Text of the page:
Read e-book online After Monte Alban: Transformation and Negotiation in Oaxaca, PDF

By Jeffrey P. Blomster

ISBN-10: 0870818961

ISBN-13: 9780870818967

After Monte Albán finds the richness and interregional relevance of Postclassic adjustments within the quarter referred to now as Oaxaca, which lies among vital Mexico and the Maya quarter and, as members to this quantity display, completed cultural centrality in pan-Mesoamerican networks. huge nucleated states all through Oaxaca collapsed after seven hundred C.E., together with the nice Zapotec kingdom headquartered within the Valley of Oaxaca, Monte Albán. Elite tradition replaced in primary methods as small city-states proliferated in Oaxaca, every one with a brand new ruling dynasty required to plan novel options of legitimization. the majority of the inhabitants, even though, sustained continuity in way of life, faith, and cosmology.

Contributors synthesize those local changes and continuities within the reduce Rio Verde Valley, the Valley of Oaxaca, and the Mixteca Alta. they supply info from fabric tradition, structure, codices, ethnohistoric files, and ceramics, together with a revised ceramic chronology from the past due vintage to the top of the Postclassic that might be the most important to destiny investigations. After Monte Albán establishes Postclassic Oaxaca's primary position within the research of Mesoamerican antiquity.

Contributors contain Jeffrey P. Blomster, Bruce E. Byland, Gerardo Gutierrez, Byron Ellsworth Hamann, Arthur A. Joyce, Stacie M. King, Michael D. Lind, Robert Markens, Cira Martínez López, Michel R. Oudijk, and Marcus Winter.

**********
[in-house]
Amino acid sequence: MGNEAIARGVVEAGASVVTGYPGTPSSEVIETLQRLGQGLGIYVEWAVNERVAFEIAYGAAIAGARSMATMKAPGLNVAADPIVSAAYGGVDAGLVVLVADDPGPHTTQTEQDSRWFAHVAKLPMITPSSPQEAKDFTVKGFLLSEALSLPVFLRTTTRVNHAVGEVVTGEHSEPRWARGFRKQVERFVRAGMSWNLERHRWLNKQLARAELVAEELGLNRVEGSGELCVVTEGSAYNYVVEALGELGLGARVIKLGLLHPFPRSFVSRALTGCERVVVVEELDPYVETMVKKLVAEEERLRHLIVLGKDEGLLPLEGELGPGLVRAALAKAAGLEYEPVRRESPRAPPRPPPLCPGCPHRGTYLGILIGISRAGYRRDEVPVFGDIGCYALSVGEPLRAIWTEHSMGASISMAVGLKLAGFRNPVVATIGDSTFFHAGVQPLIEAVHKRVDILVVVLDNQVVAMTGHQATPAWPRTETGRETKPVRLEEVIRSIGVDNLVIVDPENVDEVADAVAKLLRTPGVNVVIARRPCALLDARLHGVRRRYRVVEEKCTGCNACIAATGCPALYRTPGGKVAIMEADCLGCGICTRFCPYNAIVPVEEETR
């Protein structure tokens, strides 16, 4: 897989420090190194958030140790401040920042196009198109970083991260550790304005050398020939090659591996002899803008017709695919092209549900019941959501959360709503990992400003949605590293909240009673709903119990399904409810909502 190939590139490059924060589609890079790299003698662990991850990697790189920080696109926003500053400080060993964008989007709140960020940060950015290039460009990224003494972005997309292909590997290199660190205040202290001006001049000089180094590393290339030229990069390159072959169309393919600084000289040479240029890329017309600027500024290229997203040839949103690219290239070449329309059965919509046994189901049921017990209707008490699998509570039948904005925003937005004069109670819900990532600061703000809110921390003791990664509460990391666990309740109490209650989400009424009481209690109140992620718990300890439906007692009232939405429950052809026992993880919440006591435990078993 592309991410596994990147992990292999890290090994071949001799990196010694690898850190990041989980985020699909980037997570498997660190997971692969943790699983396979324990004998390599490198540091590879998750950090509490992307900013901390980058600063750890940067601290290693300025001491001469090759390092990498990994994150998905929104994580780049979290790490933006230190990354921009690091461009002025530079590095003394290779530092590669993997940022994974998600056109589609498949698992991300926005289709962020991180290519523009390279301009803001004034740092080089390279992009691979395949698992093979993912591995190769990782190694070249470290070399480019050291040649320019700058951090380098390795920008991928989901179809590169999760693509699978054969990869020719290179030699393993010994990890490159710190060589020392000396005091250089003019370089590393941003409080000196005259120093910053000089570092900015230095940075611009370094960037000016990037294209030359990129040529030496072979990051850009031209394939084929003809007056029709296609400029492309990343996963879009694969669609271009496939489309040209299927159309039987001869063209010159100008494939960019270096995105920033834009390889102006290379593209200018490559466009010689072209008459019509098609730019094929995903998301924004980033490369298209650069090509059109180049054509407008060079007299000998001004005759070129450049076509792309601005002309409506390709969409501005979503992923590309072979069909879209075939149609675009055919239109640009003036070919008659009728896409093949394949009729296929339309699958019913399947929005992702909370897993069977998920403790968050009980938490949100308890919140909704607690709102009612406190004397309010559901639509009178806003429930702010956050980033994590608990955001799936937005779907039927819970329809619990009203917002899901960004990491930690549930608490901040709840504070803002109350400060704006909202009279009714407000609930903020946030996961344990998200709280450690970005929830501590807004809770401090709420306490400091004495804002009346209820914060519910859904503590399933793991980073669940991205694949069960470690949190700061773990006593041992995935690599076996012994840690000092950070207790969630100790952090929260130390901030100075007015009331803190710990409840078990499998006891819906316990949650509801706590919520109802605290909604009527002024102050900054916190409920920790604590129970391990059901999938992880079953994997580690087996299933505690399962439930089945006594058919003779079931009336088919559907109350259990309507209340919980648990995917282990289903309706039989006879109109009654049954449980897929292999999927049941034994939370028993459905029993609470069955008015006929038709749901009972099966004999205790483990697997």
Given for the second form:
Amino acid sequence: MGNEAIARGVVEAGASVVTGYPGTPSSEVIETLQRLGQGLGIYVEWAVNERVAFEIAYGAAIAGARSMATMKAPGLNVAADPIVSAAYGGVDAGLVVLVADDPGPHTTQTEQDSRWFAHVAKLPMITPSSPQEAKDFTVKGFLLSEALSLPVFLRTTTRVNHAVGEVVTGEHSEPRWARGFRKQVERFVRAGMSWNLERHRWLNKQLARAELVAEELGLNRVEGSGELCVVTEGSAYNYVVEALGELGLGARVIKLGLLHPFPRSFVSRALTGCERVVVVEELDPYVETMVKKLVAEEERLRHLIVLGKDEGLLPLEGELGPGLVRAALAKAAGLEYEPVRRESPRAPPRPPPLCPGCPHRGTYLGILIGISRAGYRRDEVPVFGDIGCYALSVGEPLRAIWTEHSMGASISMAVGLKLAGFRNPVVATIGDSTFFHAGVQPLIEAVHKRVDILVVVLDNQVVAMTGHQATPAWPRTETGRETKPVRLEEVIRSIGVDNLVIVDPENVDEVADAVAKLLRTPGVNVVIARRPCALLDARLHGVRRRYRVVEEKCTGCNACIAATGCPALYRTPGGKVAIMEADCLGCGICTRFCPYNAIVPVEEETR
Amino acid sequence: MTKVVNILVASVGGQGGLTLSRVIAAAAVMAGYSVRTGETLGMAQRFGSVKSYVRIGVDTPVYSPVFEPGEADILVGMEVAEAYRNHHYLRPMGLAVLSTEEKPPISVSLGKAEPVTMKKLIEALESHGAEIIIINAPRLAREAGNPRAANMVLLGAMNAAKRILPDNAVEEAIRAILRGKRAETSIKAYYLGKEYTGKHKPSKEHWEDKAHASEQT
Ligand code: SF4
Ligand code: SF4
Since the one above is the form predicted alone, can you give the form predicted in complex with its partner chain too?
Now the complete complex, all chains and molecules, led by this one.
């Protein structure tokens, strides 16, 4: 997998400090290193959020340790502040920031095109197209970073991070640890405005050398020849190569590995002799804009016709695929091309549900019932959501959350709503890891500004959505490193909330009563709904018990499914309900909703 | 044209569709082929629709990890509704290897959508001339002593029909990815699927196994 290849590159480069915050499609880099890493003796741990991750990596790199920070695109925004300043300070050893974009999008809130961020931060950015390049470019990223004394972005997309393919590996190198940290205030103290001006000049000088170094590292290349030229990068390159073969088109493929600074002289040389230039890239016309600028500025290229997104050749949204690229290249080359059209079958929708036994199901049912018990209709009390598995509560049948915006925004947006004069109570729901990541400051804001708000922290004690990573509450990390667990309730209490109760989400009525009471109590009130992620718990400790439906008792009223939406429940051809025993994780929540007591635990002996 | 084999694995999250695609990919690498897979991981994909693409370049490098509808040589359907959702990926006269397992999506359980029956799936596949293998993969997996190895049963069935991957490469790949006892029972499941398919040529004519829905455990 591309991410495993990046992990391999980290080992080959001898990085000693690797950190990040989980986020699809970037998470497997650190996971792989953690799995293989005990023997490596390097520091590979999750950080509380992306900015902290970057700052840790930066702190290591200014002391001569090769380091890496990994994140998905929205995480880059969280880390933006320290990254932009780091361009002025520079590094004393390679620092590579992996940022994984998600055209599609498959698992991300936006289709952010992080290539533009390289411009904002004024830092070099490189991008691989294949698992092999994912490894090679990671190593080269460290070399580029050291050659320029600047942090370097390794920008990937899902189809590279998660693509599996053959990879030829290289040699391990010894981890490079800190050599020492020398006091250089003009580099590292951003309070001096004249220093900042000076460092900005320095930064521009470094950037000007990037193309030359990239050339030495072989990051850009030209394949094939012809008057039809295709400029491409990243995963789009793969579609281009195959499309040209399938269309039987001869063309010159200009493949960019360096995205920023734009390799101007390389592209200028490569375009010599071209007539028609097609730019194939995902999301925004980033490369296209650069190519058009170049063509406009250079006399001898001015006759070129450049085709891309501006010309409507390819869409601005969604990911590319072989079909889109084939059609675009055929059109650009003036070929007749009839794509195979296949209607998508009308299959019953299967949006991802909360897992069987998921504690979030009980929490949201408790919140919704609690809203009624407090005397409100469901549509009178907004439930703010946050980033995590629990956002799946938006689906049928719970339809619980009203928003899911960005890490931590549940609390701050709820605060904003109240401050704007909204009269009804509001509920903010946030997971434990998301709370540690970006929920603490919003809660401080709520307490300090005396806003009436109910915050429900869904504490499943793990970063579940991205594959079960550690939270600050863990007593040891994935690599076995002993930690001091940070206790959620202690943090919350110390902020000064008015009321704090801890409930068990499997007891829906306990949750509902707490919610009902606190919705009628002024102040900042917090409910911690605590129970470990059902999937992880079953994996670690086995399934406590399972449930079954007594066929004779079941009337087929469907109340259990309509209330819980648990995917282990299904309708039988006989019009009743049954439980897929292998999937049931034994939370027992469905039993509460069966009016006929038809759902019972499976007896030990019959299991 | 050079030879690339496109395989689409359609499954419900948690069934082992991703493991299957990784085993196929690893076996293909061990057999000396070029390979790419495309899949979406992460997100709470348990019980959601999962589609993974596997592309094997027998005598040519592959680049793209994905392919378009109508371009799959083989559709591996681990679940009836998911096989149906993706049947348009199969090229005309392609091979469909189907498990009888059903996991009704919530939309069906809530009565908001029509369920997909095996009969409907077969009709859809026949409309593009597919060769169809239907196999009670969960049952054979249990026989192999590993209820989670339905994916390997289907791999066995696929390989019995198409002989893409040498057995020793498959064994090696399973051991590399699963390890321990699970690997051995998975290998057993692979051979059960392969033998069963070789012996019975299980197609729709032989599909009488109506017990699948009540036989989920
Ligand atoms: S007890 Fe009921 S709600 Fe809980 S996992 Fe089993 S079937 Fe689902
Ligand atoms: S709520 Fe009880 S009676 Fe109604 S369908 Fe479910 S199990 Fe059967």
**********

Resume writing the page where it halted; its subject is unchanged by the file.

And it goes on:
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Extra info for After Monte Alban: Transformation and Negotiation in Oaxaca, Mexico (Mesoamerican Worlds: from the Olmecs to the Danzantes)

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The Mixtec codices document the names of sacred mountains and places across an animate landscape. In the Valley of Oaxaca, modern residents of Macuilxóchitl continue a Classic—or earlier—tradition of seeing the adjacent Cerro Danush as a sacred mountain. Earlier beliefs, style, and iconography were also reimagined through archaizing, a common trend throughout Postclassic Mesoamerica (Umberger 1987). Oaxaca in Late Classic and Early Postclassic Mesoamerica: “Toltecs” Oaxaca is often not considered a participant in the new patterns of interaction that emerged during and after the Late Classic/Postclassic transition, as the region is too often characterized as a series of insular city-states.

Larger structures are generally palaces, celebrating elite lineages, rather than large public monuments that glorify the state and its ideology. Palaces feature rooms organized around one or more open patios and vary greatly in size, depending on the power of the lineage and the position of the city. Throughout Mesoamerica, private residences of the elite overshadowed public architecture; the Quiché palaces at Utatlán became so massive and elaborate that the Spanish approvingly referred to them as castles (Carmack 1981:193).

At Río Viejo, commoners may have seen the waning power of elites as an opportunity for them to change the nature of what had become an increasingly exploitative relationship ( Joyce et al. 2001). Freed of the coercive power of Late Classic elites, commoners played an active role in the denigration of what had come before, reusing both space and objects associated with elites; a similar important role by commoners may have been crucial in the post-Xoo depopulation of Lambityeco (see previous discussion).

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After Monte Alban: Transformation and Negotiation in Oaxaca, Mexico (Mesoamerican Worlds: from the Olmecs to the Danzantes) by Jeffrey P. Blomster

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